On 20 January 1974, English teams played league football on a Sunday for the first time.
The FA, along with several clubs and players, had expressed support for Sunday matches earlier in the season, hoping that the move would help improve declining attendances, but they faced a couple of substantial obstacles. The Sunday Observances Act, for one, barred the selling of tickets on Sundays. In addition, many in the public opposed Sunday football on religious grounds.
But by January 1974, attendances continued to decline, driven in part by a ban on floodlights that stemmed from the worldwide energy crisis, prompting the FA to approve the playing of four third-round FA Cup matches on Sunday, 6 January. In order to get around the Sunday Observances Act, the clubs sold programs, which were used instead of tickets to gain access to the games.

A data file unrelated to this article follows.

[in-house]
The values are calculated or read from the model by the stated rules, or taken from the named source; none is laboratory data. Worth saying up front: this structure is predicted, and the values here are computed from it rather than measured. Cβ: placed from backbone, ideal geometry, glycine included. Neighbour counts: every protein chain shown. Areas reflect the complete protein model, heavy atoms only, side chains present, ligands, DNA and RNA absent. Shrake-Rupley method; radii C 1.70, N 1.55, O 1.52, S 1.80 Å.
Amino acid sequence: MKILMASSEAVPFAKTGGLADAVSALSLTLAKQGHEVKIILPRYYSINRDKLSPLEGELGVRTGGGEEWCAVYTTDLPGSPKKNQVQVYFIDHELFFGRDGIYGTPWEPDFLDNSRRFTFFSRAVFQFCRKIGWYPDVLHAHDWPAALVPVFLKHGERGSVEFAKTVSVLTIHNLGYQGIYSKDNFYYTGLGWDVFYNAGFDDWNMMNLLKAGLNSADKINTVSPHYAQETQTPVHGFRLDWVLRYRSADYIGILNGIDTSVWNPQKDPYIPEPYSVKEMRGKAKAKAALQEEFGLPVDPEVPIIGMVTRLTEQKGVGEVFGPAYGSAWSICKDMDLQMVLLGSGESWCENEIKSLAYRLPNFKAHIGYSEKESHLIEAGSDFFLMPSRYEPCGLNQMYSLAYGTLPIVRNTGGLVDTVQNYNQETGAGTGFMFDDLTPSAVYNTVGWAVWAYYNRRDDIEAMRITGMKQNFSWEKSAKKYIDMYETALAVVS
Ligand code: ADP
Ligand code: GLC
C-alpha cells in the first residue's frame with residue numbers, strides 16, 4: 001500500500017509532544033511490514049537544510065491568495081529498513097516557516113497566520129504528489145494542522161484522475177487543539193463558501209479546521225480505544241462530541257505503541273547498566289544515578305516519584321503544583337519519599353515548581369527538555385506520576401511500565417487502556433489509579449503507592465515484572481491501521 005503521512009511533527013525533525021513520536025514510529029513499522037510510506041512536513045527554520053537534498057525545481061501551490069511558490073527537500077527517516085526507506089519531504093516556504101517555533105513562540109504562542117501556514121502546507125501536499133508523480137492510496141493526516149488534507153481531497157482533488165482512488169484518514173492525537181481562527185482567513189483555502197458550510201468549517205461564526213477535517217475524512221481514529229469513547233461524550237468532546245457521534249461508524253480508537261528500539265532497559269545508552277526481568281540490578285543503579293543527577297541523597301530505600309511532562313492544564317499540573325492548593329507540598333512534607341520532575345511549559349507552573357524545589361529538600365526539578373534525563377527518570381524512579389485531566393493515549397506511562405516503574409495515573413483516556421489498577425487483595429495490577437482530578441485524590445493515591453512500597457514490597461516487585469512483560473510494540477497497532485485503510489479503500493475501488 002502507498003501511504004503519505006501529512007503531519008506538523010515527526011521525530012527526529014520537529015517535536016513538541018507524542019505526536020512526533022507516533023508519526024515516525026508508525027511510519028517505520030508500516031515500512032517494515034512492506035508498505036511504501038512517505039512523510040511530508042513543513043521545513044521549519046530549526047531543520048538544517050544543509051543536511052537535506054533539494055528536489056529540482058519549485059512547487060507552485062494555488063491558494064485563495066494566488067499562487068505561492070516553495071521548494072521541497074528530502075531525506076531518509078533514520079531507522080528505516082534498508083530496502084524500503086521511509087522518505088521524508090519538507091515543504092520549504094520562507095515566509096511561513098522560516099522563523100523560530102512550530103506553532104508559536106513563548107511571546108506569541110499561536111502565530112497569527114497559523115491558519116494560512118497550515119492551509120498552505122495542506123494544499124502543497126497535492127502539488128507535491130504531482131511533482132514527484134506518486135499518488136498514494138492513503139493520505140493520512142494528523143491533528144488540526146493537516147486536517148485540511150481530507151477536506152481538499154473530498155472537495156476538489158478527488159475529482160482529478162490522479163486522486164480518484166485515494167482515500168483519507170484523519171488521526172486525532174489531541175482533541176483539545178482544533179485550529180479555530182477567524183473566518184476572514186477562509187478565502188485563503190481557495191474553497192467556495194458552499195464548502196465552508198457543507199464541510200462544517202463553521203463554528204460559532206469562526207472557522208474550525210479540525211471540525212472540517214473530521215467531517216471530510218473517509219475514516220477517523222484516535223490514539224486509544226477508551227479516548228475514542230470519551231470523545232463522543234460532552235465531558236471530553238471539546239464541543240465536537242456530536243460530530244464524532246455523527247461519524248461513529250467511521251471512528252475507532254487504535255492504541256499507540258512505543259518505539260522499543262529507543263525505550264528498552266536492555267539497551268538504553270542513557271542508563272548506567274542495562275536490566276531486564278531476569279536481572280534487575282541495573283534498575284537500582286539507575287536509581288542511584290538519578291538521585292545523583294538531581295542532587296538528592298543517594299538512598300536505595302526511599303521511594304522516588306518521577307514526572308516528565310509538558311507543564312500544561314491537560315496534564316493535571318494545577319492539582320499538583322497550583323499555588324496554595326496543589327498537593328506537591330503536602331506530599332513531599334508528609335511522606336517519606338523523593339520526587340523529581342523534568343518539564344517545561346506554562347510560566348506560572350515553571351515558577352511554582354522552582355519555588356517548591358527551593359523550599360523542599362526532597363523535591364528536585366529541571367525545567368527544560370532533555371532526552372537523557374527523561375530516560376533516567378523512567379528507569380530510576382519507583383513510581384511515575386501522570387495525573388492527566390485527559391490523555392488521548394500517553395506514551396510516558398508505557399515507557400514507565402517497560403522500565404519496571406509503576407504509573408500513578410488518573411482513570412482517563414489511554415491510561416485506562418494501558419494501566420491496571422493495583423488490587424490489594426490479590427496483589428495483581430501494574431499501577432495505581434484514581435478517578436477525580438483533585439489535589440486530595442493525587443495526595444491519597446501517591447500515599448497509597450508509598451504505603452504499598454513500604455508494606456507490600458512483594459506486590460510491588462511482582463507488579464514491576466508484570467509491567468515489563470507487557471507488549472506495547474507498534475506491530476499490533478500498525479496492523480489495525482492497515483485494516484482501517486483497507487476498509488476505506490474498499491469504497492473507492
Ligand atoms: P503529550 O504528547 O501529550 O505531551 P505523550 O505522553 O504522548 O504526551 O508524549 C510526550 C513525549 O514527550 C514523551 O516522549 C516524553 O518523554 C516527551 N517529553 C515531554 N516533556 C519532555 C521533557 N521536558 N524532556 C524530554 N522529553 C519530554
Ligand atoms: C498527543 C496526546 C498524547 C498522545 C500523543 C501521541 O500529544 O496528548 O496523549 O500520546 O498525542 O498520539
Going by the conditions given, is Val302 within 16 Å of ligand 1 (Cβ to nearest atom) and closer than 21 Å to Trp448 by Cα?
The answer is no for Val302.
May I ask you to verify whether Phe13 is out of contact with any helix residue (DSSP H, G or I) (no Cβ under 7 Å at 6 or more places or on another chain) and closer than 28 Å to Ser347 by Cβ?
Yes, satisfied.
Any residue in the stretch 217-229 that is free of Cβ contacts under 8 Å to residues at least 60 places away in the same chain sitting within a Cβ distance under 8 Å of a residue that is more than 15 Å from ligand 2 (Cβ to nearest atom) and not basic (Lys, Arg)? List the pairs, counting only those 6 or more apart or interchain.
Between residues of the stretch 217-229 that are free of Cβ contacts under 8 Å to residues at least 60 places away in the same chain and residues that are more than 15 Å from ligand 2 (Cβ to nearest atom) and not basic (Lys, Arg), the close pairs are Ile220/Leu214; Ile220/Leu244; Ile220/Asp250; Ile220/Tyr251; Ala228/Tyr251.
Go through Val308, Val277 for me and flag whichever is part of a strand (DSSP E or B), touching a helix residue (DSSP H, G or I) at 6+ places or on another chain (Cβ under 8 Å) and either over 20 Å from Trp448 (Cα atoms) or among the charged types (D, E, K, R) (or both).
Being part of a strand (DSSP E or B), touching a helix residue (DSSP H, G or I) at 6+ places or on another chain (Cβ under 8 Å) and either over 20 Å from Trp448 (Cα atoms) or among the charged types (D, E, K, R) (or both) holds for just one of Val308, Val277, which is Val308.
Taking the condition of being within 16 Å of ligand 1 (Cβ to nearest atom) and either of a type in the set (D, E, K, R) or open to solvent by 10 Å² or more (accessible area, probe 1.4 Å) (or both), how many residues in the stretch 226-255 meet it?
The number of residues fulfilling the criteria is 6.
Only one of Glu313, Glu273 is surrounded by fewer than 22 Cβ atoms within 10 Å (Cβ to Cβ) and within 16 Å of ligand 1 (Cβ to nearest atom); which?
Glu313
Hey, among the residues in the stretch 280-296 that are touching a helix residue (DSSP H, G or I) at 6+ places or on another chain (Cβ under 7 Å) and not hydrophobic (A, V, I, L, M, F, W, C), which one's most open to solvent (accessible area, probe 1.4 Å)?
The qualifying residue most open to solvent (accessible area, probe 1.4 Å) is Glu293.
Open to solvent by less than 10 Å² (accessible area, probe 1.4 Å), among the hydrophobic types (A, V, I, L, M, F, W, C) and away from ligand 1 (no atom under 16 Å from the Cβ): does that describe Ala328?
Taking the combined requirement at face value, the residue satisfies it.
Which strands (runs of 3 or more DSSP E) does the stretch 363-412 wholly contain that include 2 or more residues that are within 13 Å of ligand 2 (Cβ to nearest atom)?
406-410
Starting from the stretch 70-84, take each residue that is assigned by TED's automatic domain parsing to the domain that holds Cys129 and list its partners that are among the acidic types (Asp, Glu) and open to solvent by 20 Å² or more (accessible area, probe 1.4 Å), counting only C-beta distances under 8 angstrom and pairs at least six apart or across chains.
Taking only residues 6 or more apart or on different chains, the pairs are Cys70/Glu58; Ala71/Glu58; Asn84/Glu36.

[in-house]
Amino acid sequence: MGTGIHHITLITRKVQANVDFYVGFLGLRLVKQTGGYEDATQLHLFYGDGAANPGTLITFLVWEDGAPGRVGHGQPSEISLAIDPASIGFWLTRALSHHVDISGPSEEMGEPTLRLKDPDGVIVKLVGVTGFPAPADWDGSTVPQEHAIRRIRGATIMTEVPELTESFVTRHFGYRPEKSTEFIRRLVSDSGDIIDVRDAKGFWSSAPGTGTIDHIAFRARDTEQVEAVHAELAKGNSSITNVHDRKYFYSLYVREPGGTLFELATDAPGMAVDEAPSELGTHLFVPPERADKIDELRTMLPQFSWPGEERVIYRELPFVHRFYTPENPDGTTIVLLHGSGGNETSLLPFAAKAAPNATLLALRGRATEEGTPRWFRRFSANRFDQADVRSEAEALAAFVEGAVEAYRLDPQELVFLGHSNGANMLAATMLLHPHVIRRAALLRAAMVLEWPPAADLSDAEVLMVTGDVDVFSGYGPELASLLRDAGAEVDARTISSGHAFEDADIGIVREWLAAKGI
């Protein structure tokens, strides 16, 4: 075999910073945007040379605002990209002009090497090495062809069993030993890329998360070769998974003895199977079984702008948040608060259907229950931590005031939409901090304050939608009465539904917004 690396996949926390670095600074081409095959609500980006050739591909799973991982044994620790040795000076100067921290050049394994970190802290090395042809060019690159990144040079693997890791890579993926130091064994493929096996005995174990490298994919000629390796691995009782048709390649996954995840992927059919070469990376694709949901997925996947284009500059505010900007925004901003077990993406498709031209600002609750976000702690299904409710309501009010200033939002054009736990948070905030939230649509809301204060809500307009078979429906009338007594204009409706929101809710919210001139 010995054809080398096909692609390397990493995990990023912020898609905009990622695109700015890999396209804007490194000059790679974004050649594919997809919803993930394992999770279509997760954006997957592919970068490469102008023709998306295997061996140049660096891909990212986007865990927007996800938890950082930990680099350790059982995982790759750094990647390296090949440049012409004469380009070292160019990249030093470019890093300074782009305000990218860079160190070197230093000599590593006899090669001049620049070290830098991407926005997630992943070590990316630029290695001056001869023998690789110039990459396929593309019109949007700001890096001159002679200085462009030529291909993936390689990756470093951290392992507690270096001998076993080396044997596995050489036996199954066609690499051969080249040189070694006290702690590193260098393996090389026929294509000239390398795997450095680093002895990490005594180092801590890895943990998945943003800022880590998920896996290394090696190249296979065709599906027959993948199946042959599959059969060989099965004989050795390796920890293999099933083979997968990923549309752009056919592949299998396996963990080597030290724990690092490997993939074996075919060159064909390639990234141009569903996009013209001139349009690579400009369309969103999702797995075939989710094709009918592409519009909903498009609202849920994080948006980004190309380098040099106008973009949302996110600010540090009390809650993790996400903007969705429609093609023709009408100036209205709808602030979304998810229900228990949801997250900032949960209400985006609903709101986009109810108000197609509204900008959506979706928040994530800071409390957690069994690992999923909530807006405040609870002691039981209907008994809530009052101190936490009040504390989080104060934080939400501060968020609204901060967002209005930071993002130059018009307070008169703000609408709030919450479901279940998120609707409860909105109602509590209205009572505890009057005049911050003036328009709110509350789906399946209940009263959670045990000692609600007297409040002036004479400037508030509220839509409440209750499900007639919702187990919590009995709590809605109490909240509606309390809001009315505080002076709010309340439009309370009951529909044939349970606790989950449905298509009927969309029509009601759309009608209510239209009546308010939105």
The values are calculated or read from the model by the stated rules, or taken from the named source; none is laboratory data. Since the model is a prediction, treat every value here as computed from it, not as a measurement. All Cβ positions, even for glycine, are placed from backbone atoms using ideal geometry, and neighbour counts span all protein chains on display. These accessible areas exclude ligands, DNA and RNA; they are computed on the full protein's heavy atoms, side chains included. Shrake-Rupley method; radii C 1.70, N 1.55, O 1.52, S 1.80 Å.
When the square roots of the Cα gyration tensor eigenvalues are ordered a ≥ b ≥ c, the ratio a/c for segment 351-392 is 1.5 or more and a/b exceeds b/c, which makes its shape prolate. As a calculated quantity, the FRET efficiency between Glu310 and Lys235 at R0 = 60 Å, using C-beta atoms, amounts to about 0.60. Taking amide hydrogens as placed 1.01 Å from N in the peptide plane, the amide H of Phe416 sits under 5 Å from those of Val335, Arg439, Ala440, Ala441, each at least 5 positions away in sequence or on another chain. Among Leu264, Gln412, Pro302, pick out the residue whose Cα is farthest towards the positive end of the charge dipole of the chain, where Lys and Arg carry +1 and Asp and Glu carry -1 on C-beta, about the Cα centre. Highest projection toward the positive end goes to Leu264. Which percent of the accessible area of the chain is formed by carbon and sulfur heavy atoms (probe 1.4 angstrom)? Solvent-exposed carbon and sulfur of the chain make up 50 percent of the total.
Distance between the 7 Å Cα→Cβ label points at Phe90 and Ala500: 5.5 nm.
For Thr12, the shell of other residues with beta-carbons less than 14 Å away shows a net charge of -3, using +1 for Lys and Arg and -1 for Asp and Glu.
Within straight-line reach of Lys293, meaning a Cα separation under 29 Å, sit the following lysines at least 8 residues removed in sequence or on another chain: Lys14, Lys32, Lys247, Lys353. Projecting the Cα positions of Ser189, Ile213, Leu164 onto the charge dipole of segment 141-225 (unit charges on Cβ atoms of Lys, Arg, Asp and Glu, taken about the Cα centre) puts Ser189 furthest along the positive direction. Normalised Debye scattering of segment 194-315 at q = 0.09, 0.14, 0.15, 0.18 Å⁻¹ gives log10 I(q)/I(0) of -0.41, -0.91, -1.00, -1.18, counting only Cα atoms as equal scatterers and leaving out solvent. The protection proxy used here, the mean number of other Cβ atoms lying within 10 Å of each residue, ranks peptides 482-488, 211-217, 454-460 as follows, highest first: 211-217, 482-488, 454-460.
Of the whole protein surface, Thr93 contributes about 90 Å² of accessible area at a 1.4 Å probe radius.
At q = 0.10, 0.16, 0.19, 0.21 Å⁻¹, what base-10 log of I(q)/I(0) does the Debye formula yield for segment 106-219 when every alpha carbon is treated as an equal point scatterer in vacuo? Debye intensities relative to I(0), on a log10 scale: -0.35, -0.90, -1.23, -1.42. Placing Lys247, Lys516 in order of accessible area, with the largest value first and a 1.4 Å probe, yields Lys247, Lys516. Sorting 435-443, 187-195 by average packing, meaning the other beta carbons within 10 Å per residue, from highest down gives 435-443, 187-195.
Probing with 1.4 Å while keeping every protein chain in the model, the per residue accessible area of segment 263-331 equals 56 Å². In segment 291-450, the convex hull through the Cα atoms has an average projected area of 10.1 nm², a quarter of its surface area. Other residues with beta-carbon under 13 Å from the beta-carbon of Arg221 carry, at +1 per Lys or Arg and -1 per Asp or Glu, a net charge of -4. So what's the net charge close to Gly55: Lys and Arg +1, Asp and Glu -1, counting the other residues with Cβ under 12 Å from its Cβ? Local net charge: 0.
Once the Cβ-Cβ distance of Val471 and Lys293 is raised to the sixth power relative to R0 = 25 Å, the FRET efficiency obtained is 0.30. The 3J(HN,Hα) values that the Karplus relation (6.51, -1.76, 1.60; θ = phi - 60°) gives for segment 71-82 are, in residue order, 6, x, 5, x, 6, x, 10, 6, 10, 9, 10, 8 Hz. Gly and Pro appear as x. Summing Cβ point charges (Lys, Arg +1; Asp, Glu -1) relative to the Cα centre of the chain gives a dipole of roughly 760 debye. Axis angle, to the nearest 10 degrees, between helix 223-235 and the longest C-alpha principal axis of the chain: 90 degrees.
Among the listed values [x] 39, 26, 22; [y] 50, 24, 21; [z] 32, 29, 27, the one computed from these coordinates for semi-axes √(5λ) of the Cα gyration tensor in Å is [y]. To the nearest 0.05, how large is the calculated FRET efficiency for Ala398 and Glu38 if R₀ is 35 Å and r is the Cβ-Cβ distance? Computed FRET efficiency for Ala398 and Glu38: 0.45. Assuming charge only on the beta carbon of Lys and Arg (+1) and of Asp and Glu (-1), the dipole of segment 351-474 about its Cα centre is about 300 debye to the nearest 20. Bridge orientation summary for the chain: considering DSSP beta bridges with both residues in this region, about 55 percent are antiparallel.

Those FA Cup matches drew large crowds, convincing the Football League to move forward as well using the same admission-by-program scheme. While some clubs--including all First Division clubs--declined to participate, citing religious reasons, that first league Sunday hosted a total of twelve matches, three each in Divisions Two and Three and six in Division Four. Nine of those games reported their biggest crowds of the season.
The first Sunday league goal was scored by Millwall's Brian Clark in their 1-0 win over Fulham.
Despite the success of Sunday games, opposition remained strong and it took several more years before Sunday football became a regular feature in the league.